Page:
Guide to Identifying Dyscalculia
What is it?
The term dyscalculia originates from ‘Dys’, which means ‘difficulty/poor’ in Greek and ‘Calculia’ which means ‘calculations’. Put together, the word means difficulty with calculations. Thus, dyscalculia is a learning disability involving mathematics.
Children with this disorder are likely to have difficulty comprehending and using mathematics and find it extremely difficult to acquire arithmetical skills. This disorder is also known as mathematics dyslexia. Sufferers find it extremely difficult to calculate variables, recognize numbers, and count objects.
These children have normal IQ levels and everything else is normal including their reading, writing, and speaking skills. Scientists have yet to find a definitive cause for this disorder, although there is some speculation that certain genetic anomalies, such as Fragile X Syndrome, or environmental causes such as in-utero exposure to alcohol, could play a role in developing dyscalculia.1
Types of Dyscalculia
Dyscalculia can be of many different types as explained below:
Sequential: The disorder makes it difficult for the disabled to count numbers in a sequence. Additionally, he or she also may have a problem with time calculation, schedule check, direction tracking, and measurement taking.
Operational: This problem is associated with remembering or memorizing mathematics rules.
Verbal: This disorder makes it difficult for the child to carry out normal mathematical calculations, as the child does not understand signs and symbols.
Acalculia: This stage usually occurs during the later stages of life. This type of dyscalculia is generally acquired through a brain injury or stroke. The disorder makes it difficult for sufferers to carry out simple mathematic functions like addition, subtraction, multiplication, and division.
The symptoms of dyscalculia include difficulty in:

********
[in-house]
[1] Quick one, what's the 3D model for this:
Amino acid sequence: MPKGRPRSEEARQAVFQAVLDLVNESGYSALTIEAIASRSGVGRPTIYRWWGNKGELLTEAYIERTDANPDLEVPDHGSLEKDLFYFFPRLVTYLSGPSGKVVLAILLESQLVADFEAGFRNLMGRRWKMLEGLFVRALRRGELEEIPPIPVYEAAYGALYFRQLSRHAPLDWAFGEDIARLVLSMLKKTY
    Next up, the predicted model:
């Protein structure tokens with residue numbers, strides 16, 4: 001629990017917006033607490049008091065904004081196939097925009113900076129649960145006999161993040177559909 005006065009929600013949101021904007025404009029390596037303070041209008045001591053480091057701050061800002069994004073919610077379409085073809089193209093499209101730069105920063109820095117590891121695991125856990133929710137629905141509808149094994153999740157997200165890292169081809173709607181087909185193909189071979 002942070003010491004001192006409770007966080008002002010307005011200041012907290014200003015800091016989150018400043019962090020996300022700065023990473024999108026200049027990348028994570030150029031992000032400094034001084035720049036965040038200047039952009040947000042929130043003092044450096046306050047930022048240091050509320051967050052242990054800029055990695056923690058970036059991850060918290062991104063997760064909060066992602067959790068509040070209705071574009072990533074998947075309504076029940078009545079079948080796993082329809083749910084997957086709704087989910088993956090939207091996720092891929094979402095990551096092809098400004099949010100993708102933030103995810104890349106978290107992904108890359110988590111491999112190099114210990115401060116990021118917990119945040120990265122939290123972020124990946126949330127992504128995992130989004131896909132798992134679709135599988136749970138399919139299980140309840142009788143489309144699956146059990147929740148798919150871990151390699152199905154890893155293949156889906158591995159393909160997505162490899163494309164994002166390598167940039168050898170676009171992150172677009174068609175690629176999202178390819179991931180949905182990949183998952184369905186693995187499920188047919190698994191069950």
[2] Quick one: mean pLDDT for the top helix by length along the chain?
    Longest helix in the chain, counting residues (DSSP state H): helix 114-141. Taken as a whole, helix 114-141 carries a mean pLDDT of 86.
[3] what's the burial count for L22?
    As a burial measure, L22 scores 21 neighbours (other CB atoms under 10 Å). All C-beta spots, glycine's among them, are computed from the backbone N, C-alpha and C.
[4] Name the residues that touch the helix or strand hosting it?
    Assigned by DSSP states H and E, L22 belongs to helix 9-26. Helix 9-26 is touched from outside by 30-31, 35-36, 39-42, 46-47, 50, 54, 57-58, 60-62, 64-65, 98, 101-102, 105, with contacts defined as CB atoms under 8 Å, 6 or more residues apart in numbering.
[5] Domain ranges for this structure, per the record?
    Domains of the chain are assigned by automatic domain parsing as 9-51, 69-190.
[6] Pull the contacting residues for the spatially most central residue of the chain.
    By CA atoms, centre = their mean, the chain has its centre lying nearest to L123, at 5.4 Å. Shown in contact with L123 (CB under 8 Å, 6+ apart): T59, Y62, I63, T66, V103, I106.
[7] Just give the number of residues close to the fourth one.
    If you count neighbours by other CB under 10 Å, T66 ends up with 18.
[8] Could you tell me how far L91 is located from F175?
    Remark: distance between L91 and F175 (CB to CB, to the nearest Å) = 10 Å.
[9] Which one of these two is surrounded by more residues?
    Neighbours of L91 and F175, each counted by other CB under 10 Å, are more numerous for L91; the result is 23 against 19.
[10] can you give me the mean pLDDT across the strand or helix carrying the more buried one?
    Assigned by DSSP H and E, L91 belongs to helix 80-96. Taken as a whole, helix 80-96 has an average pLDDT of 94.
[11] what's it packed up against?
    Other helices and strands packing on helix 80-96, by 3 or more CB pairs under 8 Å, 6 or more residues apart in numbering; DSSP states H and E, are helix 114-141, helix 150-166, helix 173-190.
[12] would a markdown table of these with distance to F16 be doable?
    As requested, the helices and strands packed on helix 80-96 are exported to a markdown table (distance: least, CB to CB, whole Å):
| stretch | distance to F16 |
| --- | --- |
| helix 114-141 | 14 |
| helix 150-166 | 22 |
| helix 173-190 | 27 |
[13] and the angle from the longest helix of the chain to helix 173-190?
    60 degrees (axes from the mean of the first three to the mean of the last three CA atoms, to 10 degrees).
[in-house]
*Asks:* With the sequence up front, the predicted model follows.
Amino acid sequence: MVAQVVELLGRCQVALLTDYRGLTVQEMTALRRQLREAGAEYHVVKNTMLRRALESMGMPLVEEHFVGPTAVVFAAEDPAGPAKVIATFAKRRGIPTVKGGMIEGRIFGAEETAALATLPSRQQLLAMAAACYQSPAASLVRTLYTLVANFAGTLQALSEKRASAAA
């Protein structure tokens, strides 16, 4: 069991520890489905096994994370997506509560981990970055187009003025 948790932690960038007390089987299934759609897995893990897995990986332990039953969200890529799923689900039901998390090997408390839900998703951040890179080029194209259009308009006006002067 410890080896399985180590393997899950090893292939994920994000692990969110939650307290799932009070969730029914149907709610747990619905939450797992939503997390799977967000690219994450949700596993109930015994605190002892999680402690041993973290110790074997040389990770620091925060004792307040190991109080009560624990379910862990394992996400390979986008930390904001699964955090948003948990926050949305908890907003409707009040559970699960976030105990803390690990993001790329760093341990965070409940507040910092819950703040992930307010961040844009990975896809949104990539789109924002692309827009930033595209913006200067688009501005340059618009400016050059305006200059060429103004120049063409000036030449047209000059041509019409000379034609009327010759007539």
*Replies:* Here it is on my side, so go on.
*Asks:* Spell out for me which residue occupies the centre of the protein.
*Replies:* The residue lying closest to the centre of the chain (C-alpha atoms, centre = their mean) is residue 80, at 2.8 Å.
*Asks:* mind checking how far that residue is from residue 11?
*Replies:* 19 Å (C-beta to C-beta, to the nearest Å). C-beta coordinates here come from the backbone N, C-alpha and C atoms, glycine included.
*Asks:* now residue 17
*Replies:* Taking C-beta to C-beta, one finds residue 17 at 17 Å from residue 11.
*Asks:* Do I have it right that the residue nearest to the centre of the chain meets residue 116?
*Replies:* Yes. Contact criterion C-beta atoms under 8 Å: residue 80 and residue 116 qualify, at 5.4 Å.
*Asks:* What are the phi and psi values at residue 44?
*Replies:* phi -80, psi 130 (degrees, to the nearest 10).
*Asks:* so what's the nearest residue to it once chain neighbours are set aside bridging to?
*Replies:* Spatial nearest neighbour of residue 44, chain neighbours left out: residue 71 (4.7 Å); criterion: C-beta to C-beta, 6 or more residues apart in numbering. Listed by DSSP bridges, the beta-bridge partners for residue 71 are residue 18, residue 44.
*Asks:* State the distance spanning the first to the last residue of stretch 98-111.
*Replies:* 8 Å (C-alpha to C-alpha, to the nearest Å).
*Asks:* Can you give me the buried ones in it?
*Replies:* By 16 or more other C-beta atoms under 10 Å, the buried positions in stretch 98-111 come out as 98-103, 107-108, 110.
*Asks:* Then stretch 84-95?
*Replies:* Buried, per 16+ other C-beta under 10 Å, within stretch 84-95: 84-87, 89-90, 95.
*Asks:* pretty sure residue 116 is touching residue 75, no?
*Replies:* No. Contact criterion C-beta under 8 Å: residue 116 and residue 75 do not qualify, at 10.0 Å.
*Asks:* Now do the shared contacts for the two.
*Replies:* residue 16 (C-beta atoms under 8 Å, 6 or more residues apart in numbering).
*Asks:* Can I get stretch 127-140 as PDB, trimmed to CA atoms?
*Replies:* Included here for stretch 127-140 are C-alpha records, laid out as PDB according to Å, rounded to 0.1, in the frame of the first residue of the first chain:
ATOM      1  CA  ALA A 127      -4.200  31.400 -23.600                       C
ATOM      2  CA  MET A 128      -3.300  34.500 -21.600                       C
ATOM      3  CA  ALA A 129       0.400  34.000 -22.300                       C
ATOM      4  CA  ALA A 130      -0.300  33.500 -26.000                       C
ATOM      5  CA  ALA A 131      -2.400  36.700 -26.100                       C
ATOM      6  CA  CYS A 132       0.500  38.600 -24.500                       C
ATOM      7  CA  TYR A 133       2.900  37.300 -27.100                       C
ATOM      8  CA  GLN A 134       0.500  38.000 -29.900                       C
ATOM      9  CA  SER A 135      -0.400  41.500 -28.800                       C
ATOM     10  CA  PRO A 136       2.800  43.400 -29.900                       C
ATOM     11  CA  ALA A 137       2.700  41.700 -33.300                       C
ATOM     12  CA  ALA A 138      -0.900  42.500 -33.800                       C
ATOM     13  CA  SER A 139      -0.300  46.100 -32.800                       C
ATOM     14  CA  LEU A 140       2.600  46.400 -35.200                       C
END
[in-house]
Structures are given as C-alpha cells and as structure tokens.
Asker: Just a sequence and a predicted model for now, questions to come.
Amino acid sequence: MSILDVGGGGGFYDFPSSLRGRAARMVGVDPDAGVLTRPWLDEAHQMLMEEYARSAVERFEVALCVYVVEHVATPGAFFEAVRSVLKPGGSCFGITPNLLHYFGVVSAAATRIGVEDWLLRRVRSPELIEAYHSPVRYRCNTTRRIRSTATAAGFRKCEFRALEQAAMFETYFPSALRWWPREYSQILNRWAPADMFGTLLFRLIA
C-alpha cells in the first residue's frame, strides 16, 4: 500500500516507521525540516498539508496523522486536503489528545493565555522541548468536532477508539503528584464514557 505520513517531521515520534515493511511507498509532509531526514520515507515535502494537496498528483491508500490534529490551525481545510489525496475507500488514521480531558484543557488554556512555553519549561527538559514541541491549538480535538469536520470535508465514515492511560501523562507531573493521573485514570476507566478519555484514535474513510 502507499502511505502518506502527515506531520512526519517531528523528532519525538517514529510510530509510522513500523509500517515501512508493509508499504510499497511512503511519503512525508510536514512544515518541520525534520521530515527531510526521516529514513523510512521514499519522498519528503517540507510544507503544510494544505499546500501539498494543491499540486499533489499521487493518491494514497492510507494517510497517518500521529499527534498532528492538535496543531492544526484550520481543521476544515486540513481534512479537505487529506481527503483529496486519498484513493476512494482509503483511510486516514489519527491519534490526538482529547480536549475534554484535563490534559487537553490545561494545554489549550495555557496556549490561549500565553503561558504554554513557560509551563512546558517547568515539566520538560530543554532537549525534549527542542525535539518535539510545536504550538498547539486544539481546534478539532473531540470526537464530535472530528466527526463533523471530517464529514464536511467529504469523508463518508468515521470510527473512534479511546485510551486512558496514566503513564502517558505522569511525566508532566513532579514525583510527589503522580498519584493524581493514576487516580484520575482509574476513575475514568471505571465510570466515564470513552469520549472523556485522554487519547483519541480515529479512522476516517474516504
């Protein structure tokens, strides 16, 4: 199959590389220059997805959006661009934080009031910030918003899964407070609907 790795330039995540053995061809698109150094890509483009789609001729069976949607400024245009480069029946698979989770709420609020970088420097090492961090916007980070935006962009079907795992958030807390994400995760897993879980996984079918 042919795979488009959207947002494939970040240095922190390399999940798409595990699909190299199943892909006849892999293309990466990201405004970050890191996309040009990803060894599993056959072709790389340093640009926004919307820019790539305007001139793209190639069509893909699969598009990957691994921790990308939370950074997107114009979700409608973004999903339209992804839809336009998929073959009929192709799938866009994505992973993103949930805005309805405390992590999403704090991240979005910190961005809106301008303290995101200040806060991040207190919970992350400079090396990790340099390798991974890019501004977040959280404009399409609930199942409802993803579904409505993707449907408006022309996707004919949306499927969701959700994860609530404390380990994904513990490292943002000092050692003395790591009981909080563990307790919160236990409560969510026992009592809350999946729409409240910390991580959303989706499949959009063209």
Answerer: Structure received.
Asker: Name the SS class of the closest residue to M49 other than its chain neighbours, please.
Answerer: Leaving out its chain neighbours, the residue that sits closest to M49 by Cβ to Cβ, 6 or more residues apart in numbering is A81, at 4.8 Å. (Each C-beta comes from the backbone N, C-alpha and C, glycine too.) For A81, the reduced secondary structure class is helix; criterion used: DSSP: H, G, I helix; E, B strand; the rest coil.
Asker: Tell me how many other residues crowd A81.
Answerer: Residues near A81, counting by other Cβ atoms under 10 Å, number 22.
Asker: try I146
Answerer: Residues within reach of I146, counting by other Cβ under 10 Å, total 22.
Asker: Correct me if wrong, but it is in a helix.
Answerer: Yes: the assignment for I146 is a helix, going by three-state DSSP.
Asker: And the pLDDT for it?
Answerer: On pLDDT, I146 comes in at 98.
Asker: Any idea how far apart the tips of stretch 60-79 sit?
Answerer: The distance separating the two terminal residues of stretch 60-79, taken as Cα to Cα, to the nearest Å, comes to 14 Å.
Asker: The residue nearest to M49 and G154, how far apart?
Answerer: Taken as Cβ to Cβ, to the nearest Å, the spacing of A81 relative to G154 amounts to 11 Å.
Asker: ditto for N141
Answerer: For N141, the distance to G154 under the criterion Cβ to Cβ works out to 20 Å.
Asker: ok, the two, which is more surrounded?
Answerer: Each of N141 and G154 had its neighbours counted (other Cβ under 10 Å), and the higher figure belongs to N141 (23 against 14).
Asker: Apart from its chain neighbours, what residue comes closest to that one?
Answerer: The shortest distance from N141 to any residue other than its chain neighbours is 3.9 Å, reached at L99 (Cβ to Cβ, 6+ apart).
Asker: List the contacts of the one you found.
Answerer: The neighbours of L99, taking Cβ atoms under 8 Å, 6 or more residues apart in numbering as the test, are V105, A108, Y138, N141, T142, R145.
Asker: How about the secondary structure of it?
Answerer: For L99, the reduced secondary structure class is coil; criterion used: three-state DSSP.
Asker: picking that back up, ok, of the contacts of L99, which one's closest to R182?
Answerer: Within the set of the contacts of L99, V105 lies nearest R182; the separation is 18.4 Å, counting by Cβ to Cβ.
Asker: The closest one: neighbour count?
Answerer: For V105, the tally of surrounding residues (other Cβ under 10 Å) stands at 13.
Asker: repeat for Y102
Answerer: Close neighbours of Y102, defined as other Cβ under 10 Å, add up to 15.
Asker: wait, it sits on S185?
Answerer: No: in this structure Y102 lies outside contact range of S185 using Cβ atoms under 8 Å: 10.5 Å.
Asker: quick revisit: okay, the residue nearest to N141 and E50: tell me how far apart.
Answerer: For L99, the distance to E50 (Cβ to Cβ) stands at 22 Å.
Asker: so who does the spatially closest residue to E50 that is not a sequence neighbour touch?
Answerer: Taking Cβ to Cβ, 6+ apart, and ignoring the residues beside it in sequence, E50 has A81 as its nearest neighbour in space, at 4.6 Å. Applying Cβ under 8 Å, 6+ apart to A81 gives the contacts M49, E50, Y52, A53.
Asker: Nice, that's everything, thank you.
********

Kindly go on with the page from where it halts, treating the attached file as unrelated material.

- Classifying mathematical signs (addition, minus, multiplication, and division).
- Reading a clock and telling time.
- Calculating basic amounts like bills.
- Learning multiplication tables.
- Using calculators.
- Reading a personal schedule.
- Learning and remembering mathematical rules and formulas.
- Keeping records.
- Playing games that involve numbers.
If you are a teacher and you suspect a student may have this condition, or you are a parent who suspects your child has dyscalculia, contact the school's Special Education chairperson or school pyschologist and request a meeting. The school should be able to evaluate the student through various means. If the results are positive and your child has dyscalculia, a special IEP plan could be drafted and implemented by the school.
In regards to mathematics, these children need one-on-one support in the classroom. Teachers can adopt specific classroom strategies that will help these children learn to the best of their abilities and avoid the anxiety and frustrations that could eventually lead to avoidance of studying or attempting to do math.
Early detection of these symptoms can allow for immediate action and diagnosis. Early treatment and diagnosis can help the child overcome this disability.